That’s why you have money for insurance socked away, that’s why you make regular deposits into a bank account to cover future maintenance and to ensure that you can cover the deductible. It’s the same deal with the house. It’s not a surprise when the water heater “dies”, it’s an eventuality. You knew it had to happen sometime, you just weren’t quite sure when. If the heater came with a warranty, then every day after the warranty is one more borrowed day. Just assume it’s toast and start saving for a new one (though you already should be).

If someone makes the “car-driven” or the “home-owner” lifestyle decision, they have to live with all of these consequences. You can complain or commiserate if you want to, but the act of complaining seems like a put-down to your own lifestyle decisions. “It may be shitty, but those are the risks I accepted” never seems to come out of these conversations.

22 Four Pillars

Thanks for the comment Mommy (hah!).

I just pulled your comment out of moderation which is why it only appeared now (it’s number 9)

Mike

23 Millionaire Mommy Next Door

Telly wrote, “As far as your idea that people knew what they were getting into, thatís not necessarily true”

and

Gates VP wrote, “Make whatever decision you want, just make an informed one. Make a decision that matches the way that you want to live your life, whether that follows the crowd or not.”

Yes! This is precisely why I’m posting the series on rent vs. buy on my blog. The crowd has always touted homeownership as the key to personal wealth… and we sit back and accept it as truth. Do your own math and you might be very surprised. I sure was.

24 FinancialJungle.com

CC & FP: No need to look further. Our dividend portfolio is officially paying all of our rents. This is even better than owning a home, because we pay no condo fees, no property tax, no maintenance and no home insurance (though we pay for content insurance only).

Not only that, our yield increases at a much faster click than rents. That means we’ll realize net positive cash flow pretty soon.

25 FourPillars

FJ – thanks for the info. I guess we can close this case!

Seriously, what kind of apartment do you rent? Is it something comparable to what you might buy?

Mike

26 telly

Millionaire Mom wrote:
“The crowd has always touted homeownership as the key to personal wealthÖ and we sit back and accept it as truth. Do your own math and you might be very surprised. I sure was.”

I’m in total agreement. That’s the point I’m trying to make as well. You can do all the math you want upfront but no one does the math after the fact, instead they tout home ownership to be the key to wealth and forget about all the costs incurred over the years when they say, “I bought my house for $X and now it’s worth $X+Y!!”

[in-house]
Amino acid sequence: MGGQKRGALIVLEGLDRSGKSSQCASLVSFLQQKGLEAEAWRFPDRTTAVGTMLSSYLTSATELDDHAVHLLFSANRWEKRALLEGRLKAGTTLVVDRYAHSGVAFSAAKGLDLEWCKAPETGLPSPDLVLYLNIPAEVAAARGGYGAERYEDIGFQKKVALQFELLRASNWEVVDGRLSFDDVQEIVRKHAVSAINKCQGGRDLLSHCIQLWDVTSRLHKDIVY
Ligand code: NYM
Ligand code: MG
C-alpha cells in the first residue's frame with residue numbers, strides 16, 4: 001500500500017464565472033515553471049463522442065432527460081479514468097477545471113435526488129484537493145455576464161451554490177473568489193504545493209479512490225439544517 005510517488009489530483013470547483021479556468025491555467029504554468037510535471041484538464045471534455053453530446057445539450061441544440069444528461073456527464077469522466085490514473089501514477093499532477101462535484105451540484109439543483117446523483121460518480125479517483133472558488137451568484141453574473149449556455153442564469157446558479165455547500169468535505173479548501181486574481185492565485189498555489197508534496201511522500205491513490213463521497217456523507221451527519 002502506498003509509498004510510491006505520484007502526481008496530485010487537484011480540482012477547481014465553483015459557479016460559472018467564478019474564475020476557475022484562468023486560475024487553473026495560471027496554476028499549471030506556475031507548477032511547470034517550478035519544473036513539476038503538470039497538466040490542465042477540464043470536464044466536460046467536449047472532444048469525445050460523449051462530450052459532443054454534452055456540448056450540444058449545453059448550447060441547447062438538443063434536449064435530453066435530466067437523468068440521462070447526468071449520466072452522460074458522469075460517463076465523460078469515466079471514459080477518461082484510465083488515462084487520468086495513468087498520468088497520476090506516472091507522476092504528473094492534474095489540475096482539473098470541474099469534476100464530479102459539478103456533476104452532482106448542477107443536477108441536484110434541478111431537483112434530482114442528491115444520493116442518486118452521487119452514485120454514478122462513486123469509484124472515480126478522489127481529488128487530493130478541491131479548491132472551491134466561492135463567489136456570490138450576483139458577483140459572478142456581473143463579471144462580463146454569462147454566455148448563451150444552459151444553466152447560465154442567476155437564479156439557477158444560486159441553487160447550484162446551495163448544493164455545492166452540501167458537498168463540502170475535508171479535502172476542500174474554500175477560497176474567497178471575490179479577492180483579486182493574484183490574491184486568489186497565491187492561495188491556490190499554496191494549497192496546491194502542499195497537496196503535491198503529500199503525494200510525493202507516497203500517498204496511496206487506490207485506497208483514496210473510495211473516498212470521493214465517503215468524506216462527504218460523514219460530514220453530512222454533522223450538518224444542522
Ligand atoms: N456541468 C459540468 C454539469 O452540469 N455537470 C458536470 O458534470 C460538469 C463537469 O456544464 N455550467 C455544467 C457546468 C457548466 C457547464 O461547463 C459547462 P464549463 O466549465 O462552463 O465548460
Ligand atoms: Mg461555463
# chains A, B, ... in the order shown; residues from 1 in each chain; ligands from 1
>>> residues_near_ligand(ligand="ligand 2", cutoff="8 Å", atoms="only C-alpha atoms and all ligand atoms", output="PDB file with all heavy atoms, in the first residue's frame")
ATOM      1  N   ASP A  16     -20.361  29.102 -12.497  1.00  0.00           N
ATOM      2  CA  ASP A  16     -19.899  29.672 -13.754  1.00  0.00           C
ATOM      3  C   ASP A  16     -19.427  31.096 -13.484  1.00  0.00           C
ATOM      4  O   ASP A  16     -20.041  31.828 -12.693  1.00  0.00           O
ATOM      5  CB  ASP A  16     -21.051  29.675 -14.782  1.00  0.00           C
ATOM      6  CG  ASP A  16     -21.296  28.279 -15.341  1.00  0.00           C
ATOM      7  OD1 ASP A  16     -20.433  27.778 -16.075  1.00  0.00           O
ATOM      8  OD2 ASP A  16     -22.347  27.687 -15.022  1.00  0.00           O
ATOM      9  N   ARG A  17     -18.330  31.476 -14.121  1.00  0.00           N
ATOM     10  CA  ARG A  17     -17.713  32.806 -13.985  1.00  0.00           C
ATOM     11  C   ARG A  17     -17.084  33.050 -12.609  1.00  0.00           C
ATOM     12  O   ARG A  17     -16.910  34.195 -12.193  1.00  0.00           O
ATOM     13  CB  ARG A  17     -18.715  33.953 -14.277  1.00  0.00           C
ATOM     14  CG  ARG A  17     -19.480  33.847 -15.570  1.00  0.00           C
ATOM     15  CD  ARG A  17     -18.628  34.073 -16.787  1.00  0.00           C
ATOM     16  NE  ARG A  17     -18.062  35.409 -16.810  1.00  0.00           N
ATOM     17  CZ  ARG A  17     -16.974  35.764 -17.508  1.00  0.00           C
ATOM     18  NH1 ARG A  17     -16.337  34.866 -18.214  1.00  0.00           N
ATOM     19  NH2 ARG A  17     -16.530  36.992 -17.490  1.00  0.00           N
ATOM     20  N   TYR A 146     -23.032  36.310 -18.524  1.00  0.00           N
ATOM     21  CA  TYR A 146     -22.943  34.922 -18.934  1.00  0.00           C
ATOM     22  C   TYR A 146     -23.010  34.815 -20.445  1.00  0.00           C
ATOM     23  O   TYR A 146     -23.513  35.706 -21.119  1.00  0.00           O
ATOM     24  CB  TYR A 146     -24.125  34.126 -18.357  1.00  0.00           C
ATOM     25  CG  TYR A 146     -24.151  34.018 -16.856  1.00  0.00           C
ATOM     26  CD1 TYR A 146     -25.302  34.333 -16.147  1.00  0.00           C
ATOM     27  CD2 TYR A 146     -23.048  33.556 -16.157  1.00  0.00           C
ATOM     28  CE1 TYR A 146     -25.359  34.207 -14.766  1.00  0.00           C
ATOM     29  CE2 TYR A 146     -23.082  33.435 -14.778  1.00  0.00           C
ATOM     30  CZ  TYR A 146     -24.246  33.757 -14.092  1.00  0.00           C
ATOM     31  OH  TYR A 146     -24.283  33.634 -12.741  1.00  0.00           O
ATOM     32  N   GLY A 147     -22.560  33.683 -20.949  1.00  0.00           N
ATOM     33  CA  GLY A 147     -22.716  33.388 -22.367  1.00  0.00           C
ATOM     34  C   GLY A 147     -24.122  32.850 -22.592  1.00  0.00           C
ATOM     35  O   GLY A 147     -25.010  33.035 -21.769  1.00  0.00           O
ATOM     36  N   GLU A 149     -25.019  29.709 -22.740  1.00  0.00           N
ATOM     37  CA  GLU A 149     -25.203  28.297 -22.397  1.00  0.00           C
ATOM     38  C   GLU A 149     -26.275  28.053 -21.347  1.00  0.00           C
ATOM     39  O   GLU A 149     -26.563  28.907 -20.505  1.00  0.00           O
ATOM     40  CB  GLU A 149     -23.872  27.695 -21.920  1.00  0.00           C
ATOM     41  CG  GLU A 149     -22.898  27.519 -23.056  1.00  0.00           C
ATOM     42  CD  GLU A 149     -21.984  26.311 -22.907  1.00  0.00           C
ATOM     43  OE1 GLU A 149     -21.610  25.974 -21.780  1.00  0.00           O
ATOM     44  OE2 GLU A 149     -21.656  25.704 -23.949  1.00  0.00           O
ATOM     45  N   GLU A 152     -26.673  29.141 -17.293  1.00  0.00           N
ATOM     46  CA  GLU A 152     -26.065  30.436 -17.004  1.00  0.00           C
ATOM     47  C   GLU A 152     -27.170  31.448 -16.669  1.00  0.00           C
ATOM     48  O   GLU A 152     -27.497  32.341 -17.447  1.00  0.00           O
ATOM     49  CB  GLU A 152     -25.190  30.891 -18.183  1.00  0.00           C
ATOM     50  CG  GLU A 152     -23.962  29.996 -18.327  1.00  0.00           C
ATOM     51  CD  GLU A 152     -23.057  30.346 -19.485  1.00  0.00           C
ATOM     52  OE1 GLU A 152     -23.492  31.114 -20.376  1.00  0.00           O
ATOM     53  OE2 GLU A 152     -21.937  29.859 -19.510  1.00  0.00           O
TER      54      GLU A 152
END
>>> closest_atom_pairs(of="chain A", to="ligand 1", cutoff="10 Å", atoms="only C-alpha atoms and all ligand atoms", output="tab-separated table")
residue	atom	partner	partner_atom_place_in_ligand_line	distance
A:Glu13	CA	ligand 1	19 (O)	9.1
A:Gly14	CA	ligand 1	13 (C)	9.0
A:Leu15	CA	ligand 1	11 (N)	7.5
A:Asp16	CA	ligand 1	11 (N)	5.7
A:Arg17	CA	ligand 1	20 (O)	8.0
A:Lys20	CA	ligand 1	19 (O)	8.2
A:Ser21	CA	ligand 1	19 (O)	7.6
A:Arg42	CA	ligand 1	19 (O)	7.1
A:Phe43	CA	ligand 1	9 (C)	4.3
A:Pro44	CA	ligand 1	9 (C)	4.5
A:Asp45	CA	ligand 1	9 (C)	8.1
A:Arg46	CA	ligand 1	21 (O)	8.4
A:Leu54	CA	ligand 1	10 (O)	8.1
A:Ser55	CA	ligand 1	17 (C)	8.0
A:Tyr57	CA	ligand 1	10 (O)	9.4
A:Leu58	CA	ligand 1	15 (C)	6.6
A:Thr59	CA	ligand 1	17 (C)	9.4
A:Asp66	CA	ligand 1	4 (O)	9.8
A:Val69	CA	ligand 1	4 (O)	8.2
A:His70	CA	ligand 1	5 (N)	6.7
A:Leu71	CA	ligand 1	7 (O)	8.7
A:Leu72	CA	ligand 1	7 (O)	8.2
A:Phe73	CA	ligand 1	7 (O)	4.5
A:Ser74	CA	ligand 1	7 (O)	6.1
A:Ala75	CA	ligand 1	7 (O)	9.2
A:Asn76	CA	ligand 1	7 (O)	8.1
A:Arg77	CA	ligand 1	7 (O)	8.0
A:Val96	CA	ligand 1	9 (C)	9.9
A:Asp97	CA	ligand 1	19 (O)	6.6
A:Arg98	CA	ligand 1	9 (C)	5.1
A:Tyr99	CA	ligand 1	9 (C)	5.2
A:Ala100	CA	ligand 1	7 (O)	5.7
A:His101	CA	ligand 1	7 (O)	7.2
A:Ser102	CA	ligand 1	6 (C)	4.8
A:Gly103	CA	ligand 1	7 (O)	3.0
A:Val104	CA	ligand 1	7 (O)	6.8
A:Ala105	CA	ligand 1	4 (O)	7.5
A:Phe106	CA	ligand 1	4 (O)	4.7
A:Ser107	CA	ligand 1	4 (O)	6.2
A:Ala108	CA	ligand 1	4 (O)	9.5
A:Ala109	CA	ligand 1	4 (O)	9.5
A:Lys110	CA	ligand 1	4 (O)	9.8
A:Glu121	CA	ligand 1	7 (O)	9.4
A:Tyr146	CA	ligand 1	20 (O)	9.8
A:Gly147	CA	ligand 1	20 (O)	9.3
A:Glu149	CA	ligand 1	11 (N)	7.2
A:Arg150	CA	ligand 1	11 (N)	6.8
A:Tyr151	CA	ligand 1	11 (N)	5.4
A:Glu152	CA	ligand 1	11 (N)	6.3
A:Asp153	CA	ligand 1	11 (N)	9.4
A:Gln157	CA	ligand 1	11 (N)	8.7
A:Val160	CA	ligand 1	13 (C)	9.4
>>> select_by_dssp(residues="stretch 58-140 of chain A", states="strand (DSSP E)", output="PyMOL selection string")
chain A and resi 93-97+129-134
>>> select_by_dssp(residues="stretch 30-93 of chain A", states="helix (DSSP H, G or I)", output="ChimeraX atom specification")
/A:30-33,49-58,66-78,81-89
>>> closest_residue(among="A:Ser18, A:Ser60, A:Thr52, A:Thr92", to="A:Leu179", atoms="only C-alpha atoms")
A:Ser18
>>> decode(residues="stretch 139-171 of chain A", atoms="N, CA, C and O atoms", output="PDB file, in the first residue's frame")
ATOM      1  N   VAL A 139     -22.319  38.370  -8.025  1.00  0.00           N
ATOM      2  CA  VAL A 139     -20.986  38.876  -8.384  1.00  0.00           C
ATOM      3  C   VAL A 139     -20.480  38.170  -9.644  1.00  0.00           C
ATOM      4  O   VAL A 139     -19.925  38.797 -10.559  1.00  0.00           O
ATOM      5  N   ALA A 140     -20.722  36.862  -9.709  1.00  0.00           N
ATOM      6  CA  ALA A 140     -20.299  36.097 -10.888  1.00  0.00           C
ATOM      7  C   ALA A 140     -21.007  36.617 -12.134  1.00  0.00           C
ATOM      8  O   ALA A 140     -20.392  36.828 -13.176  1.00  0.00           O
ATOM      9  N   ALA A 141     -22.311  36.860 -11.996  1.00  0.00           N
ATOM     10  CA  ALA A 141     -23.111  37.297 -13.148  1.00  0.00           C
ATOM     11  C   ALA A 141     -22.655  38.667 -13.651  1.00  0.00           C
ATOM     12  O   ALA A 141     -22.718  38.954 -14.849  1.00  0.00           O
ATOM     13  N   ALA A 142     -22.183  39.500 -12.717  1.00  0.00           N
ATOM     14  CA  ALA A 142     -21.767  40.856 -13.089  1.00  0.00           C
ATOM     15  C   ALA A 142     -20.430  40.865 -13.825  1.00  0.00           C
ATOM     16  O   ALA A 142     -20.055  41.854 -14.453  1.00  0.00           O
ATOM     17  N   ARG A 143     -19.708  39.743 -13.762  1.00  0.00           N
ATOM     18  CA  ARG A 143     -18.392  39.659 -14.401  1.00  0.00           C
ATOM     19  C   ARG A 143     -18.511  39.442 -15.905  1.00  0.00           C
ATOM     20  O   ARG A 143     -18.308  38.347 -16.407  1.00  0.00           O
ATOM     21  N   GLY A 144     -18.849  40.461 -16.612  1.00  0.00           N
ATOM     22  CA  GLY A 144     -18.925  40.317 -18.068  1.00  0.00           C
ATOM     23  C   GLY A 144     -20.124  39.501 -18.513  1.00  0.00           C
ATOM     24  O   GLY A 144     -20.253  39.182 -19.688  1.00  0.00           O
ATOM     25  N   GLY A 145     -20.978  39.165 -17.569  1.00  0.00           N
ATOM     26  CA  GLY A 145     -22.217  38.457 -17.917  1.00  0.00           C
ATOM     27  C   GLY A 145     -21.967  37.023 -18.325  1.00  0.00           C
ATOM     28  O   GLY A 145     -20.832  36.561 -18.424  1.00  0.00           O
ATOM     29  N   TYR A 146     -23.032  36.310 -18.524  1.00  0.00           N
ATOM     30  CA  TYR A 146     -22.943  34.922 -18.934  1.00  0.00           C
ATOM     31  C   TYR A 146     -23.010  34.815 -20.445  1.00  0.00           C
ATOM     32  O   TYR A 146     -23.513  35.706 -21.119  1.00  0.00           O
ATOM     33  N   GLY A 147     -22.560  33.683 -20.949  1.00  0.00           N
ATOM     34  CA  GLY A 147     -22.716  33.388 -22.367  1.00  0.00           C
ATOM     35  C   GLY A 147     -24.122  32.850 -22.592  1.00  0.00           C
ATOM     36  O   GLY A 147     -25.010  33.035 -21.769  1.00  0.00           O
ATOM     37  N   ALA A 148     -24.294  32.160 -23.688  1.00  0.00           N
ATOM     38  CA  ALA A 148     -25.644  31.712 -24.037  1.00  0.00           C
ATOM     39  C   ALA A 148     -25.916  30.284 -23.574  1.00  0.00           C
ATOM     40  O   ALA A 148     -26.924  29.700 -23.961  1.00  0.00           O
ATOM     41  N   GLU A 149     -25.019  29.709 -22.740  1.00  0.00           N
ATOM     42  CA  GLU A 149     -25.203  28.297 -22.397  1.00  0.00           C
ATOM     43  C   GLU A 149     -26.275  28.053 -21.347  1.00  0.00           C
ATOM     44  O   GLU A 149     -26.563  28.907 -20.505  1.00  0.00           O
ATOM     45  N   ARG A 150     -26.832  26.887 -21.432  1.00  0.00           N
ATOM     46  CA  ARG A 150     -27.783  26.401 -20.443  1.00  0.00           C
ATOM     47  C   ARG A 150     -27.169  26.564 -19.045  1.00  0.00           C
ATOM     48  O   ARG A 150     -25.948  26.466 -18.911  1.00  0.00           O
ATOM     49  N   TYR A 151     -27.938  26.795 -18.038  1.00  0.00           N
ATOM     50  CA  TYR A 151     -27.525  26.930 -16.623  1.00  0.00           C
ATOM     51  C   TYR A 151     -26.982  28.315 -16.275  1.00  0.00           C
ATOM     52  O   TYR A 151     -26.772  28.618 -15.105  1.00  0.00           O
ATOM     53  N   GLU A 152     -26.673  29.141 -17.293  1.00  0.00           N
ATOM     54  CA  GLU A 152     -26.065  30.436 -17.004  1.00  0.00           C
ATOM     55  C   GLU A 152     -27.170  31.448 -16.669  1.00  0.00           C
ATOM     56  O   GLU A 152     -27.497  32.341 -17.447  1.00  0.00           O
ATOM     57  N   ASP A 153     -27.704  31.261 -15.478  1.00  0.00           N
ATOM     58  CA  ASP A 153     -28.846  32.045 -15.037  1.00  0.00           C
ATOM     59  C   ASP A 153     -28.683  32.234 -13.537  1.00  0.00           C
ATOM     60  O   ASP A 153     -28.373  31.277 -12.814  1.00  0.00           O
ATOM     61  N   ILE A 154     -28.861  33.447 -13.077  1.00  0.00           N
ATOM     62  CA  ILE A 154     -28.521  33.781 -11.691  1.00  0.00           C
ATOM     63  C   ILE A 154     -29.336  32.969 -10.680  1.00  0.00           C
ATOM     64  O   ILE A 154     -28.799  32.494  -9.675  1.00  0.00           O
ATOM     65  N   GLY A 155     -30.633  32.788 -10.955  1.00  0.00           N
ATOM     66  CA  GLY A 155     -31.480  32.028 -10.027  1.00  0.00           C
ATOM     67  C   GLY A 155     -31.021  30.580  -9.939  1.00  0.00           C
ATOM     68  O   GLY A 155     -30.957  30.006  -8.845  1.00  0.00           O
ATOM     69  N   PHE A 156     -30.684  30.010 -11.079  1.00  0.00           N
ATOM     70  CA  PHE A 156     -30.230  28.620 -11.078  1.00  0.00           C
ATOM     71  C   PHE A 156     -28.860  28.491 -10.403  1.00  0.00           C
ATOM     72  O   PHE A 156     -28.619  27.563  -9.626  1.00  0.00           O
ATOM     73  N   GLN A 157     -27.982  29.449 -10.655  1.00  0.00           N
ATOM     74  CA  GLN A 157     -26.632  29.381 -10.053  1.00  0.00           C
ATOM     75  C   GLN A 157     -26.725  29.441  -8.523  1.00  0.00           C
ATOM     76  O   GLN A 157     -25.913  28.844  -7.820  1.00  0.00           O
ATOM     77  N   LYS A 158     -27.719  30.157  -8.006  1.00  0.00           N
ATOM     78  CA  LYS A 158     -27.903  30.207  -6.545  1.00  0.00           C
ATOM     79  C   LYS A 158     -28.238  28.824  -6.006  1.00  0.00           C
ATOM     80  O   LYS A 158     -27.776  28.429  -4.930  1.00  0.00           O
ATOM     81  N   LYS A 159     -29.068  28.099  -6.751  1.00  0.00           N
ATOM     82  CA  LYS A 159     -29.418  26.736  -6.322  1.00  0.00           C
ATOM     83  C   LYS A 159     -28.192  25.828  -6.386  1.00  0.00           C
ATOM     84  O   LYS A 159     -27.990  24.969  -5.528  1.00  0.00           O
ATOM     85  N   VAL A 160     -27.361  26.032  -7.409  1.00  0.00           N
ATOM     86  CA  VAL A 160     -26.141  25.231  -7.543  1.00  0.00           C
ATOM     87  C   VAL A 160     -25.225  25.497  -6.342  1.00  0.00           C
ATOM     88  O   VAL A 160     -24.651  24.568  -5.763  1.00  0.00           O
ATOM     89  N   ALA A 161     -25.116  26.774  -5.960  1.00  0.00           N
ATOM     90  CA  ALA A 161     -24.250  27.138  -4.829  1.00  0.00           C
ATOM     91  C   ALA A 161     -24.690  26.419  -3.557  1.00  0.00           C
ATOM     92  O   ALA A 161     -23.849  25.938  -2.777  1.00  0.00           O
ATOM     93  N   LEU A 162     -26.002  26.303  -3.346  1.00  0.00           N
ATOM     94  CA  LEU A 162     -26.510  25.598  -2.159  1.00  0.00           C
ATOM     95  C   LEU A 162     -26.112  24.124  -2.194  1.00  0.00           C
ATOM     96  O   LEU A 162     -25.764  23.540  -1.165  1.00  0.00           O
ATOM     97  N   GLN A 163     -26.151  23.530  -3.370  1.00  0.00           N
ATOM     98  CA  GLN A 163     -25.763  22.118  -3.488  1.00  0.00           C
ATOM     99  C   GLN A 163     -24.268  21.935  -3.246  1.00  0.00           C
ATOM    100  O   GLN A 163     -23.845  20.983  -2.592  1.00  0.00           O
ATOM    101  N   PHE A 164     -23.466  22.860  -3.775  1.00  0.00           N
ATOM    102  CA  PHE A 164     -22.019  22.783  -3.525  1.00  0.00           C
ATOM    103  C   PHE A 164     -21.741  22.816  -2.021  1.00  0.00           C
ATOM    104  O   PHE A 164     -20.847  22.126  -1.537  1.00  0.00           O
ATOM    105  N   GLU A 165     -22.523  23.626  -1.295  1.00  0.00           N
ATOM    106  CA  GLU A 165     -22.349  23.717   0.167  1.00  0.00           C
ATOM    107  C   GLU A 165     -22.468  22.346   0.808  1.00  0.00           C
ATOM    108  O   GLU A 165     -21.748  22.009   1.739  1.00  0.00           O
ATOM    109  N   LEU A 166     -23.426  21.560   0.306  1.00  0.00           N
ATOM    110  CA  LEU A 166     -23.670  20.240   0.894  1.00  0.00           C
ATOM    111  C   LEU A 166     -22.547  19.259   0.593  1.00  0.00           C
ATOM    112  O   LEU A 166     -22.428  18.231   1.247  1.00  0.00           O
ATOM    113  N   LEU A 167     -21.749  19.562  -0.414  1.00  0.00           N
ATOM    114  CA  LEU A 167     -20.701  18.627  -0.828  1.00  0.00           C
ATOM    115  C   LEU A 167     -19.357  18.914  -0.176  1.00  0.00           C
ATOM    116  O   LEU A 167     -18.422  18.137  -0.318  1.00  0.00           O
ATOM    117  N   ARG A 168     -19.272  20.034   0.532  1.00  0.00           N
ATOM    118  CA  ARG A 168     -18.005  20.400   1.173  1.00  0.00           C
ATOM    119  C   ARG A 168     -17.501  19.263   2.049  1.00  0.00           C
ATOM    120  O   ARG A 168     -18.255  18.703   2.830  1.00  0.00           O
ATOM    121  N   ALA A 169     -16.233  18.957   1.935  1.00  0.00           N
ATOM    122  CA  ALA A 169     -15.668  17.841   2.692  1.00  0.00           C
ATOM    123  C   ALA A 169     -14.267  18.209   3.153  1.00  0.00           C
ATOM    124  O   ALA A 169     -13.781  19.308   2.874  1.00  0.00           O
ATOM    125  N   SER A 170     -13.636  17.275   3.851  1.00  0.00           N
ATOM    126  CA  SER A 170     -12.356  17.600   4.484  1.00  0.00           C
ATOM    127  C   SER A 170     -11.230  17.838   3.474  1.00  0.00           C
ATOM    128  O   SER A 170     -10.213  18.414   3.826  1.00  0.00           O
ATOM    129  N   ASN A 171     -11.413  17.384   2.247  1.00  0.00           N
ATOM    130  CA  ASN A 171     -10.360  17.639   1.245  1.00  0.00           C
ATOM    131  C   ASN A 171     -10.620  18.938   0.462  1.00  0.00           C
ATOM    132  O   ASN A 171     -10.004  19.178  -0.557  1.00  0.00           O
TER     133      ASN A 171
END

FYI, I’m both a homeowner and a rental property owner.

Gates, it’s unrealistic to think someone would sock away 8-10% of their home purchase price in the 1st two years to pay for ‘unexpected’ repairs (which is what ours worked out to be). Do you save 3% in an account specifically for potential rent increases? Thankfully, we were able to use a couple months worth of cash flow to cover the costs.

FJ, those are some great numbers. I recall (from previous posts on CB forums) that you sold your home to rent instead. In a place like Vancouver, that makes a lot of sense right now. However, many home owners do not weigh their options in true dollars.

27 Warren

FJ – I can believe it in our ridiculous Vancouver market.

Gates makes some excellent points. I hear complaints from people all over about how much gas costs… driving their giant SUV(!!), or more locally, moving to Surrey and complaining about the traffic over the Port Mann Bridge. That’s nothing new, do a little research!

Risk was mentioned, I think the risk on a detached house is greater than any rental risk. The potential for very expensive issues (new roof, furnace, etc) can come up at any time. The bank expecting a mortgage payment doesn’t care that your house turned out to be a bit of a lemon.

I’d like to own my residence at some point in the future, but right now like Mr. Cheap I own a rental property and rent my residence. So far its working out great. I’ve been here 4 years with zero rent increase, and all utilities are included.

28 FourPillars

Thanks for the comment Warren – I read your story on FJ’s blog and found it quite interesting.

Mike